Recall that is something is linear if f(x+y) = f(x) + f(y) and f(ax) = a*f(x). If you prove that both of these hold, you have proven linearity.
Basically I want to find a general algorithm that lets me, given any function y = f(x) (I'm not too worried about multivariable functions quite yet), I can come up with a matrix A so that x is mapped to f'(x). I want to do this so that I can sleep at night knowing that the solution to a linear ODE can be ygen= yhomogeneous + yparticular because derivatives are linear transforms. The moral of the story is that I want a solid understanding of why derivatives are linear transformations.
Sorry if this is a really stupid question to ask or pose.
the problem is, most (real) function spaces are not finite-dimensional over R, that is, we need an infinite number of "basis functions". so you would need "infinite matrices" (at least).
as chiro points out, if D(f) is defined by: (D(f))(x) = f'(x) (for some suitable class of functions), we have:
(D(f+g))(x) = (f+g)'(x) = f'(x) + g'(x) = (D(f))(x) + (D(g))(x) = (D(f) + D(g))(x), hence D(f+g) = D(f) + D(g).
(D(af))(x) = (af)'(x) = a(f'(x)) = a[(D(f))(x)] = (aD(f))(x), so D(af) = aD(f), thus D is linear.
if we restrict ourselves to polynomial functions of degree equal to or less than n, we CAN write down an actual matrix (since this space IS finite-dimensional):
this matrix is of rank n-1, which reflects the fact that when you differentiate a polynomial, "the degree goes down by one".
for all functions which have convergent Taylor series on some interval [a,b], we can approximate them by polynomials (if the convergence is slow, we may need a large "n" to be within ε).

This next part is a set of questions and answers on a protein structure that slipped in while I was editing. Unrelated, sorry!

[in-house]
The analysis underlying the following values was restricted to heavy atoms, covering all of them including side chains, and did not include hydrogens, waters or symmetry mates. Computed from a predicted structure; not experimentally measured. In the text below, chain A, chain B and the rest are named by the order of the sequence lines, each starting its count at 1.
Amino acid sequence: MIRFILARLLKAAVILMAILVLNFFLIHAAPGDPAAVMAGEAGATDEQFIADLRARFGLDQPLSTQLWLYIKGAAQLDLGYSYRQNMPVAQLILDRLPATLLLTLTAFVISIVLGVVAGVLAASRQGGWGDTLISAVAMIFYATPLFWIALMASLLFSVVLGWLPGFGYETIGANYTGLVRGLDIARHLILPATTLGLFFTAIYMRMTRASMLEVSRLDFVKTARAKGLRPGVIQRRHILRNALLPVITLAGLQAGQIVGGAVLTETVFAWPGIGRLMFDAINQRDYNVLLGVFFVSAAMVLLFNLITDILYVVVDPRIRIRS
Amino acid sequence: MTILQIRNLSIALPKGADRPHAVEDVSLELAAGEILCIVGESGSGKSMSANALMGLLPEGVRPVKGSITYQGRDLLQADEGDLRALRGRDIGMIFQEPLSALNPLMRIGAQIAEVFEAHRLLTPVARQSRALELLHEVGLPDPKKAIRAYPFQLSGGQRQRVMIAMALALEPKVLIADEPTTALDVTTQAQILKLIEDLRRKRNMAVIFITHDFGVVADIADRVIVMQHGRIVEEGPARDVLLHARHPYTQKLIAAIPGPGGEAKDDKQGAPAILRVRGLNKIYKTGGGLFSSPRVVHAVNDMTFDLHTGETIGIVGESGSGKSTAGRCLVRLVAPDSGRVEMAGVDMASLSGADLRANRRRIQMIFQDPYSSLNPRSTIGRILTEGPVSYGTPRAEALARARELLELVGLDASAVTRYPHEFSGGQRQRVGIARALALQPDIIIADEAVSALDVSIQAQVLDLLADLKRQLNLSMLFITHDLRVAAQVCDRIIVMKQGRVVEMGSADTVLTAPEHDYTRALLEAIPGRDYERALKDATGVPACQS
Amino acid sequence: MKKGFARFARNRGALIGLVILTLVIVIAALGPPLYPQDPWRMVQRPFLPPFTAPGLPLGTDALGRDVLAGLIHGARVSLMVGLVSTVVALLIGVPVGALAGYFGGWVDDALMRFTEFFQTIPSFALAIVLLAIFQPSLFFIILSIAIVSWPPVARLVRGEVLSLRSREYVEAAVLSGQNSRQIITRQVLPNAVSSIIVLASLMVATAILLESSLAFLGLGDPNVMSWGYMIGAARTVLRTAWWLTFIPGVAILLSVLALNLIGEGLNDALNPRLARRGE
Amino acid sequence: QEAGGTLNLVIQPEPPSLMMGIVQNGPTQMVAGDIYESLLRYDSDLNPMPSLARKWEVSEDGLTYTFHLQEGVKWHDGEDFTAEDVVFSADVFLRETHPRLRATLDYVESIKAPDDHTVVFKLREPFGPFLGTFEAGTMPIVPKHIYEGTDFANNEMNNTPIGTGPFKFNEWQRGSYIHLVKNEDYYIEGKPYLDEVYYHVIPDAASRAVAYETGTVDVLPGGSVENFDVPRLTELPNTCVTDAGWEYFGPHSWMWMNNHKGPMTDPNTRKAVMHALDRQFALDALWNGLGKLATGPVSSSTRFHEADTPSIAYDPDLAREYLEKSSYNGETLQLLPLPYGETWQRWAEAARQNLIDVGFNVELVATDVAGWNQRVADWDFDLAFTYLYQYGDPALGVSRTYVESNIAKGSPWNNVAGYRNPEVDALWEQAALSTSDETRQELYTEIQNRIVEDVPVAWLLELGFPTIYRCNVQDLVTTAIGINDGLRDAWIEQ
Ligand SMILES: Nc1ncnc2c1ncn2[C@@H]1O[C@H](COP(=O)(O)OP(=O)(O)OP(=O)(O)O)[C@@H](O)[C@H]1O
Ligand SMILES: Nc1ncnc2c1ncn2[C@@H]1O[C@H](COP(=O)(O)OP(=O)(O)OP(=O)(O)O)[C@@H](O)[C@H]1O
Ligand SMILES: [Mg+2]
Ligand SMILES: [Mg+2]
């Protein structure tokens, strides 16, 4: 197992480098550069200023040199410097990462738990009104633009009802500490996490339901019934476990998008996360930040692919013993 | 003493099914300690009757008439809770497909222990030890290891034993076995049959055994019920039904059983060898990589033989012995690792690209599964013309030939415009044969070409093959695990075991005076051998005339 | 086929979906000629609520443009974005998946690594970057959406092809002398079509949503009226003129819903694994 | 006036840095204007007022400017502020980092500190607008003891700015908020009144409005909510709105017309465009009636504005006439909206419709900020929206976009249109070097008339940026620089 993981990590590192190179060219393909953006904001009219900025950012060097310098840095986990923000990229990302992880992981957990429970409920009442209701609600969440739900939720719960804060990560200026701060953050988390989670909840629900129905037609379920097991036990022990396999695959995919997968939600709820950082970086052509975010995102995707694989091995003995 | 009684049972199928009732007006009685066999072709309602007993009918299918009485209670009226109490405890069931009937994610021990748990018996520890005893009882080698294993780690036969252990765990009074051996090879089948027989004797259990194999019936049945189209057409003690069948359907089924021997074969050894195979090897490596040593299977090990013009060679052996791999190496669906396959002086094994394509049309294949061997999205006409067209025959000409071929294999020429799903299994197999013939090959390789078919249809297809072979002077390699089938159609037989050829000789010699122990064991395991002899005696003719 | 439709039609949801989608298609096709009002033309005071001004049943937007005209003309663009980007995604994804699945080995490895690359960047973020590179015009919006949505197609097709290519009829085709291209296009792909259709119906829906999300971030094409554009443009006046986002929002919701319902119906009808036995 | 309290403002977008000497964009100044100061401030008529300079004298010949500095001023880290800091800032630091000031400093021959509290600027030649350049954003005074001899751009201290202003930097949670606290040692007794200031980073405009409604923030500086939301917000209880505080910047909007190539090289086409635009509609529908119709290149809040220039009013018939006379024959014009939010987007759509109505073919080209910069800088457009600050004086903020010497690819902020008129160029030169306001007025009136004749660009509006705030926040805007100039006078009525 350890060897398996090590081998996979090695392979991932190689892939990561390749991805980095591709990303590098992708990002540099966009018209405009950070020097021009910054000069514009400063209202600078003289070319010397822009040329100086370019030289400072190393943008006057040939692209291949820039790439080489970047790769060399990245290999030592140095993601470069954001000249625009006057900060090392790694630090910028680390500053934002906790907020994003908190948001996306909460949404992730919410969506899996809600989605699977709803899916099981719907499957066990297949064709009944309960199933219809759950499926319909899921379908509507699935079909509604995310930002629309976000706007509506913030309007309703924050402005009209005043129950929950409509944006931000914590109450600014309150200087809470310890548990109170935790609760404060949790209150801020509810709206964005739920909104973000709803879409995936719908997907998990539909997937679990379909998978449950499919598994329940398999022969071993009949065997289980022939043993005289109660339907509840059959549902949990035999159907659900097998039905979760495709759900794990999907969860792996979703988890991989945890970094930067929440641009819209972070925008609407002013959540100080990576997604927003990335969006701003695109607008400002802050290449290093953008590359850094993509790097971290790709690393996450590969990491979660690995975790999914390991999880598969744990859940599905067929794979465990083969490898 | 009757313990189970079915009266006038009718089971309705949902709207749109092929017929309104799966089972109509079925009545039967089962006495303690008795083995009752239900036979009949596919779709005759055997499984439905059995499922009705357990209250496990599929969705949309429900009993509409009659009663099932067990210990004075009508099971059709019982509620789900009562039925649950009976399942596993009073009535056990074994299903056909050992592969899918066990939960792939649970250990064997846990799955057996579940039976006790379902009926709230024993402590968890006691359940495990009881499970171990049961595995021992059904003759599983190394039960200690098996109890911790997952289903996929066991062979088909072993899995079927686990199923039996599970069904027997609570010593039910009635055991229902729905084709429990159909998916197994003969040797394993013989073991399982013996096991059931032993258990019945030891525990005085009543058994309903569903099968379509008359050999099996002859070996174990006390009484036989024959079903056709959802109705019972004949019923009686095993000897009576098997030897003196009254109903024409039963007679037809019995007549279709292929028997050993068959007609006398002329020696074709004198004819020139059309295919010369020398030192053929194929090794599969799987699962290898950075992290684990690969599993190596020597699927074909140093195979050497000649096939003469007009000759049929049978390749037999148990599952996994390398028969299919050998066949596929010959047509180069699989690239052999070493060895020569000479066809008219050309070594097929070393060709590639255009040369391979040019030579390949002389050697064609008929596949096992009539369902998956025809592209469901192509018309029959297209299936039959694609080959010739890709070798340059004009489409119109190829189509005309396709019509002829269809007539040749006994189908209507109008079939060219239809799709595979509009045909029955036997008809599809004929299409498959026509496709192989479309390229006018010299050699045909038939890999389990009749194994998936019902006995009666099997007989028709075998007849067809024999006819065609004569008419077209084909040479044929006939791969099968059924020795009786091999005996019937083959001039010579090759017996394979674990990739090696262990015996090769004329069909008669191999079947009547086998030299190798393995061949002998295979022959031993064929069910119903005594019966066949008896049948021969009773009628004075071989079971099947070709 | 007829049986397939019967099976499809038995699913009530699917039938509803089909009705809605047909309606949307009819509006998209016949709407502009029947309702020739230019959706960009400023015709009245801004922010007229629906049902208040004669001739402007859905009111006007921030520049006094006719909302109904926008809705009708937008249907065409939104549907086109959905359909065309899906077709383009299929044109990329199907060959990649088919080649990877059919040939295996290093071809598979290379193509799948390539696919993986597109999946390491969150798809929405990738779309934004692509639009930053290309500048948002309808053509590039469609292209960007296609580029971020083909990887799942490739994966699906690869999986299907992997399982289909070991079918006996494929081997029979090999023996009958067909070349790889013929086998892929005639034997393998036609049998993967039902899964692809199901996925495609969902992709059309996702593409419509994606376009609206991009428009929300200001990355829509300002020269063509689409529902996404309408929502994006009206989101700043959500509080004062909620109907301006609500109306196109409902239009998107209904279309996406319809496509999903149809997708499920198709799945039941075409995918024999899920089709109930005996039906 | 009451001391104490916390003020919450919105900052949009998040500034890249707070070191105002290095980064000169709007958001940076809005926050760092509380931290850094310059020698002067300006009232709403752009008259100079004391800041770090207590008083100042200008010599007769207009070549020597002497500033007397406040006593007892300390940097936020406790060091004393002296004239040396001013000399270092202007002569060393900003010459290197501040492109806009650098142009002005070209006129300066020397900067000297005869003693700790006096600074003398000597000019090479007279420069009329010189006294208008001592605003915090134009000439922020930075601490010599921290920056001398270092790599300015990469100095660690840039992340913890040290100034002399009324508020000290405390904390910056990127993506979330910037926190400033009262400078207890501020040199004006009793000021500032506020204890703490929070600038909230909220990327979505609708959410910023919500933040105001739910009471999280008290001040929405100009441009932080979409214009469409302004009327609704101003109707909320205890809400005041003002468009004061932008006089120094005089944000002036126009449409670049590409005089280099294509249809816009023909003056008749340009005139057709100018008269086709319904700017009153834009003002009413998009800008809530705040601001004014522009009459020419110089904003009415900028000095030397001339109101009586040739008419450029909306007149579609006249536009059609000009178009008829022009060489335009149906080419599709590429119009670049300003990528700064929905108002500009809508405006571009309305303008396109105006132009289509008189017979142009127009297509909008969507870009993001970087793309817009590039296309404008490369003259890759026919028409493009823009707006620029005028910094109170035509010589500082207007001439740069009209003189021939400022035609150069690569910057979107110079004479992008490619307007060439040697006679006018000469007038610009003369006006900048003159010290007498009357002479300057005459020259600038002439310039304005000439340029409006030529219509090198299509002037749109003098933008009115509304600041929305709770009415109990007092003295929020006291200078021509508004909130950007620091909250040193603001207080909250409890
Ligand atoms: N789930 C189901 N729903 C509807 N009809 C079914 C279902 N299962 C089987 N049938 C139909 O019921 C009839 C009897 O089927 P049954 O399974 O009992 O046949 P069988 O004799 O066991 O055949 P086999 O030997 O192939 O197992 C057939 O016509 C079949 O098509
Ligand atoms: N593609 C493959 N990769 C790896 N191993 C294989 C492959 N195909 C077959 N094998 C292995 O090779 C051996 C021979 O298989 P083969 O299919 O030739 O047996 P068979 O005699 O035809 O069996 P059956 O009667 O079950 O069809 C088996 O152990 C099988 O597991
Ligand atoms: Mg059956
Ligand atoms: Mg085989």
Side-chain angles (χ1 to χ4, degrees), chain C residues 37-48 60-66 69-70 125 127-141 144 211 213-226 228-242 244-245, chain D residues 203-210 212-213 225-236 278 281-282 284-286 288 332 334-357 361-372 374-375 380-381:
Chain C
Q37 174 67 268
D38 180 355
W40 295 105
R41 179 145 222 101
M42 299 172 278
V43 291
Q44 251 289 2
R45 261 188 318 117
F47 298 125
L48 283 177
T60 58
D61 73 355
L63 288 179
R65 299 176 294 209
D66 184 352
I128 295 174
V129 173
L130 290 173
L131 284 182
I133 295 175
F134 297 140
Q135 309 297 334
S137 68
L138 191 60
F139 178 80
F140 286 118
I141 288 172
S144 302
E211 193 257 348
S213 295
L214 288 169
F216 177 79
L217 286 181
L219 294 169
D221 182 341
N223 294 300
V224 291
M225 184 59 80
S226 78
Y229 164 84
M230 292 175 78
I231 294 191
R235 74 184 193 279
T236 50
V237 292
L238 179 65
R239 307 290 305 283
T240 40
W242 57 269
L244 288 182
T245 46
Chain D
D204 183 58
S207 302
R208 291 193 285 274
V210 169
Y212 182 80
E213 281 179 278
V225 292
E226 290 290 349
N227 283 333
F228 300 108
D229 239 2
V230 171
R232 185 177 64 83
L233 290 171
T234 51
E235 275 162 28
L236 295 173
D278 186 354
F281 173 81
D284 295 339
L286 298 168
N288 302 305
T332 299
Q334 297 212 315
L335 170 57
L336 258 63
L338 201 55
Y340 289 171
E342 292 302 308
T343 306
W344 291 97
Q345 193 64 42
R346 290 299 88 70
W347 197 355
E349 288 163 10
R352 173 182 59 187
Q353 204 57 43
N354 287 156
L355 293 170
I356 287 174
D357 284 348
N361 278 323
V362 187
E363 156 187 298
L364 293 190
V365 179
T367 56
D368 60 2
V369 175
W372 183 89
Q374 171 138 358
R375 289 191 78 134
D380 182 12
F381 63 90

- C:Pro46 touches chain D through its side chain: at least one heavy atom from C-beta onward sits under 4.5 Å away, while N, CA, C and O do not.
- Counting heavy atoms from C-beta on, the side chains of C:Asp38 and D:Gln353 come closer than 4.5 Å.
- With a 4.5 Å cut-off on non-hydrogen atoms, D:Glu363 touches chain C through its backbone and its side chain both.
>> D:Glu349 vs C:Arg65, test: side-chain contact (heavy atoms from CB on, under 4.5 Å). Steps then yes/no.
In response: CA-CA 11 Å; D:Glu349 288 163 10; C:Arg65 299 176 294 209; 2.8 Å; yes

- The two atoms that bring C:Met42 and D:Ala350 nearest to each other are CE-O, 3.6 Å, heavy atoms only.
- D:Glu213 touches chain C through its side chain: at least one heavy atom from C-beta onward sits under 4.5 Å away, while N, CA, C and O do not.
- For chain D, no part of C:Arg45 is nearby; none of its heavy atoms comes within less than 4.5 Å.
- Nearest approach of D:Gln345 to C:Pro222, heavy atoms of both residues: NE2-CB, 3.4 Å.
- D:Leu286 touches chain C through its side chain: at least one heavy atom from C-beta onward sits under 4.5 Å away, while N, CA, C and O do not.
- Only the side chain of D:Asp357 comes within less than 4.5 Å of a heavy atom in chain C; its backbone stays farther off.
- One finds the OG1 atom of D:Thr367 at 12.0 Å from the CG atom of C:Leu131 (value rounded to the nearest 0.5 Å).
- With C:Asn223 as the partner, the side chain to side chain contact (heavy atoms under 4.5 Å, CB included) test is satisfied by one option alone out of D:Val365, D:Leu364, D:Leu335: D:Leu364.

often, a given linear ODE is of finite degree anyway, for example:
y" + ay' + by = g(x) which can be written:
D(D(y)) + a(D(y)) + by = g(x), or:
(D2 + aD + b)(y) = g(x).
suppose a given y0(x) satisfies this. then for ANY function y(x) for which: (D2 + aD + b)(y) = 0, we have:
(D2 + aD + b)(y + y0) = (D2 + aD + b)(y) + (D2 + aD + b)(y0) = 0 + g(x) = g(x).
this is entirely analogous to solving:
Ax = b. given a PARTICULAR x0 for which Ax0 = b, then for ANY x with Ax = 0:
A(x + x0) = A(x) + A(x0) = 0 + b = b.
note all we used was the LINEARITY of A, not the fact that it was "a matrix".
matrices are "concrete linear transformations", one we can actually crunch numbers on (they are a glorified form of arithmetic). they are not the ONLY linear transformations. many important vector spaces have infinite bases (a system of equations may have infinite degrees of freedom). function spaces are chief amongst these, there are more functions possible than dreamt of in your philosophy....